The 22 Arab States Where It’s Hardest To Be A Woman
Egypt is the worst Arab state to be a woman, according to the Thomson Reuters Foundation’s 2013 poll on women’s rights in 22 Arab states. The poll studied violence against women, female family rights, reproductive rights, female integration into society, and attitudes towards women in politics and the economy. The study assessed 21 Arab League members, as well as Syria, which the Arab League suspended in 2011. Gender experts conducted the poll, and based questions on the U.N. Convention to Eliminate All Forms of Discrimination Against Women (CEDAW).
Reactions to the poll’s rankings have ranged from the enraged to the unsurprised. All in all, the poll finds that the outlook is not good in the fight for women’s rights. Here’s the Thomson Reuters ranking, from worst to best:
Up to 99.3% of Egyptian women and girls are subject to sexual harassment, while an estimated 91% are victims of female genital mutilation, the study found. It called out mass sexual assault of women at political protests as a particularly disturbing phenomenon.
Pictured here is an Egyptian woman at a protest wearing a sign that reads, “No to harassment.”
There are 0 women in Iraqi politics. To obtain a passport, Iraqi women need a close male relative’s permission.
Pictured here an Iraqi woman displays her ink-stained finger at a polling center in Fallujah in June, 2013.
3. Saudi Arabia
Women in Saudi Arabia still cannot legally drive. Women who report rape or sexual assaults may be charged with adultery instead.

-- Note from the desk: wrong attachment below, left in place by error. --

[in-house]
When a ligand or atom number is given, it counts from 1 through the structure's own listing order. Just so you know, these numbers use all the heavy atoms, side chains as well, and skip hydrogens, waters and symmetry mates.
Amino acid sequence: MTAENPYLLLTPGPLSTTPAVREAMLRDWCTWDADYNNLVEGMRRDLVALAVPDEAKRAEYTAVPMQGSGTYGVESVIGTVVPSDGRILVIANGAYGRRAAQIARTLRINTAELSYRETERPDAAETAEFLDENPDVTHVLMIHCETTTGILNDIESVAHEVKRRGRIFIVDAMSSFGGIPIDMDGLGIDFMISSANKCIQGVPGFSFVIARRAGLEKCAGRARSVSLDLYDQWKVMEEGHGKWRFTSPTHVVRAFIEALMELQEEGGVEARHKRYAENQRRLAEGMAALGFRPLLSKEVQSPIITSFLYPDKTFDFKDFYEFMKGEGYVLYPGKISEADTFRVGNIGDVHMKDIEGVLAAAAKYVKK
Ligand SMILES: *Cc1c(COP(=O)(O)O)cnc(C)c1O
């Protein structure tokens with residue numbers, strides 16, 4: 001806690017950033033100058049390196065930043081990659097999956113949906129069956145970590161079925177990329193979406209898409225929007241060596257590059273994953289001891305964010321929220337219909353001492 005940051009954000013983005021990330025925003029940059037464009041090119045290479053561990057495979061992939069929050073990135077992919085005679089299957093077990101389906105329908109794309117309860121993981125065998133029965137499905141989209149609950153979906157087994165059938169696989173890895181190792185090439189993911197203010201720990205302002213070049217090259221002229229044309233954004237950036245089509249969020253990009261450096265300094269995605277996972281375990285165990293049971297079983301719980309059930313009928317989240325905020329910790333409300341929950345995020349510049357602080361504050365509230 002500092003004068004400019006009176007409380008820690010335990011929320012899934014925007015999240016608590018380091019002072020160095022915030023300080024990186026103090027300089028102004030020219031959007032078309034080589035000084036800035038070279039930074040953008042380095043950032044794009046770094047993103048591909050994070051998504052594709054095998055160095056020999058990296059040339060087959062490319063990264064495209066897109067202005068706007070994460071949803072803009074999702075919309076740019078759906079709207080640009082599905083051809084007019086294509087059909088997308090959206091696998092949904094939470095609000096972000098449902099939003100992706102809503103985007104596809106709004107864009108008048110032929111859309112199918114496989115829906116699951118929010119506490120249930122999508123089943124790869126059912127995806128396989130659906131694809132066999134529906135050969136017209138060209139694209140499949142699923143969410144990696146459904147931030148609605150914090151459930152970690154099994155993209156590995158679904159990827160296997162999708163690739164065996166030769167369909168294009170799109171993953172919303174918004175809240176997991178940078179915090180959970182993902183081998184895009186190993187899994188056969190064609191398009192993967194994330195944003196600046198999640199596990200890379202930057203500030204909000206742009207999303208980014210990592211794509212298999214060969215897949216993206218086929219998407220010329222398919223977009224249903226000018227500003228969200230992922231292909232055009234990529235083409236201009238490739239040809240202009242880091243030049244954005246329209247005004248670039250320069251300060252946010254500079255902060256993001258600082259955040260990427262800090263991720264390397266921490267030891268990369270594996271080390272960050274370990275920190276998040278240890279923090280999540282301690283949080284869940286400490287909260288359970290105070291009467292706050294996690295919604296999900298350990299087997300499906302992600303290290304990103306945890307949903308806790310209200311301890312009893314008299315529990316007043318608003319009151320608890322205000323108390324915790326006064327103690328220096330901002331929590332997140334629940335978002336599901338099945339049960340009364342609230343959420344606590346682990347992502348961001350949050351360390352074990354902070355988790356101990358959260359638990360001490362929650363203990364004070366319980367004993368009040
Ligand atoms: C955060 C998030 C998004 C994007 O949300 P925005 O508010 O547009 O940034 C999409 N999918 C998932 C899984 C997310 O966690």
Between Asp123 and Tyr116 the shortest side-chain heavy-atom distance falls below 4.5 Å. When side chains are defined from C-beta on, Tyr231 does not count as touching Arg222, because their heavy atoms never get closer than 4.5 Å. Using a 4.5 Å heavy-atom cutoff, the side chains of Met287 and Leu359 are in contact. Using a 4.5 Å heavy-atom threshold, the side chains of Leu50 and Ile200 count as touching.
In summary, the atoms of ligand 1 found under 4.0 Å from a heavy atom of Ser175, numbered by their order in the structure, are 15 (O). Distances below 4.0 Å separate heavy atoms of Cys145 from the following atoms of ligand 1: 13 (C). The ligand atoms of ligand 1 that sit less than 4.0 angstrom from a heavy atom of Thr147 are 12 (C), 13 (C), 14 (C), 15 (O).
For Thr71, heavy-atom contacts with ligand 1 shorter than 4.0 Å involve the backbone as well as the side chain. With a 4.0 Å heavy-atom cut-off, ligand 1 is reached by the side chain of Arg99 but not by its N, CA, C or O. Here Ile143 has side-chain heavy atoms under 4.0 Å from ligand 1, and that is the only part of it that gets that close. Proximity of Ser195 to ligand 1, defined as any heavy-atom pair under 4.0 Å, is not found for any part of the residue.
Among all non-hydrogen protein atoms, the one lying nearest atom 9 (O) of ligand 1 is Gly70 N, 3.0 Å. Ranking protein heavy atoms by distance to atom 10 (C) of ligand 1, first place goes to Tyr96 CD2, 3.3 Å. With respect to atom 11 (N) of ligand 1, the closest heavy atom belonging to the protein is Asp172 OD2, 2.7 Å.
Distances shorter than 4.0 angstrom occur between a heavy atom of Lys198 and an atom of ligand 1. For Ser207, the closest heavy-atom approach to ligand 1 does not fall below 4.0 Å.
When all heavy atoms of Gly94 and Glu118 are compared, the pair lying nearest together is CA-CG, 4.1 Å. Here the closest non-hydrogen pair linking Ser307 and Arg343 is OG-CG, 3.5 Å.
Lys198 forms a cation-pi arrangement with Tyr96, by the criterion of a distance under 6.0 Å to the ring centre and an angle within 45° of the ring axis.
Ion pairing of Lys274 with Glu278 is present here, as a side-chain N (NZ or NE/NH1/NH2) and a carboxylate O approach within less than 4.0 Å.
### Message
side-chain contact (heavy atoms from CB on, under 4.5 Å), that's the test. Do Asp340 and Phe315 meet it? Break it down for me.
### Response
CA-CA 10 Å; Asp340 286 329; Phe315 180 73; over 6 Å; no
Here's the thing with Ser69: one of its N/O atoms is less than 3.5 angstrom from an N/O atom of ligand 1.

Pictured here is a Saudi woman during the Eid Al Adha holiday.
Over a million female Syrian refugees are registered with UNHCR. The legal age for females to marry in Syria is 17; however, in the refugee camps there are reports of Syrian girls as young as 12 being married.
Pictured here a Syrian refugee holds her daughter at a detention centre in Turkey.
In Yemen, 53% of young girls complete primary school (compared to 72% of boys). Skilled helpers attend only 36% of live births, and a reported 210 mothers die for every 100,000 live births.
Pictured here a woman holds her malnourished boy at a feeding centre in northern Yemen.
In Sudan, the legal age for a female to marry is 10. On average, 1 in 31 women will die from pregnancy; there are a reported 730 maternal deaths for every 100,000 live ones.
Pictured here is a Nuba woman at a makeshift hospital in South Kordofan, Sudan.
The Lebanese penal code allows a rapist to avoid punishment by marrying his victim. A woman who performs an illegal abortion faces up to 7 years in prison. (Abortions are legal only in rare cases when the mother’s life is at risk.)
Pictured here a man kisses a woman at a protest demanding the legalization of civil marriage in Lebanon.
8. The Palestinian Territories
Just 17% of women in the Palestinian Territories are employed, though women have a literacy rate of 92.6%. The legal minimum age for females to marry is 15 in the West Bank and 17 in the Gaza Strip.
Pictured here an Israeli border police officer checks the bag of a Palestinian woman in Jerusalem.
War-torn Somalia has one of the world’s highly maternal mortality rates (1,200 women die in childbirth per 100,000 live births.) In 2012, there were a reported 1,200 rapes of women in internally displaced camps.
Pictured here a Somali woman sits with her son in a tented outpatient clinic.
There are no laws in Djibouti forbidding sexual harassment. An estimated 93% of women are victims of female genital mutilation.
Pictured here Zourah Ali of Djibouti competes at the London 2012 Olympic Games.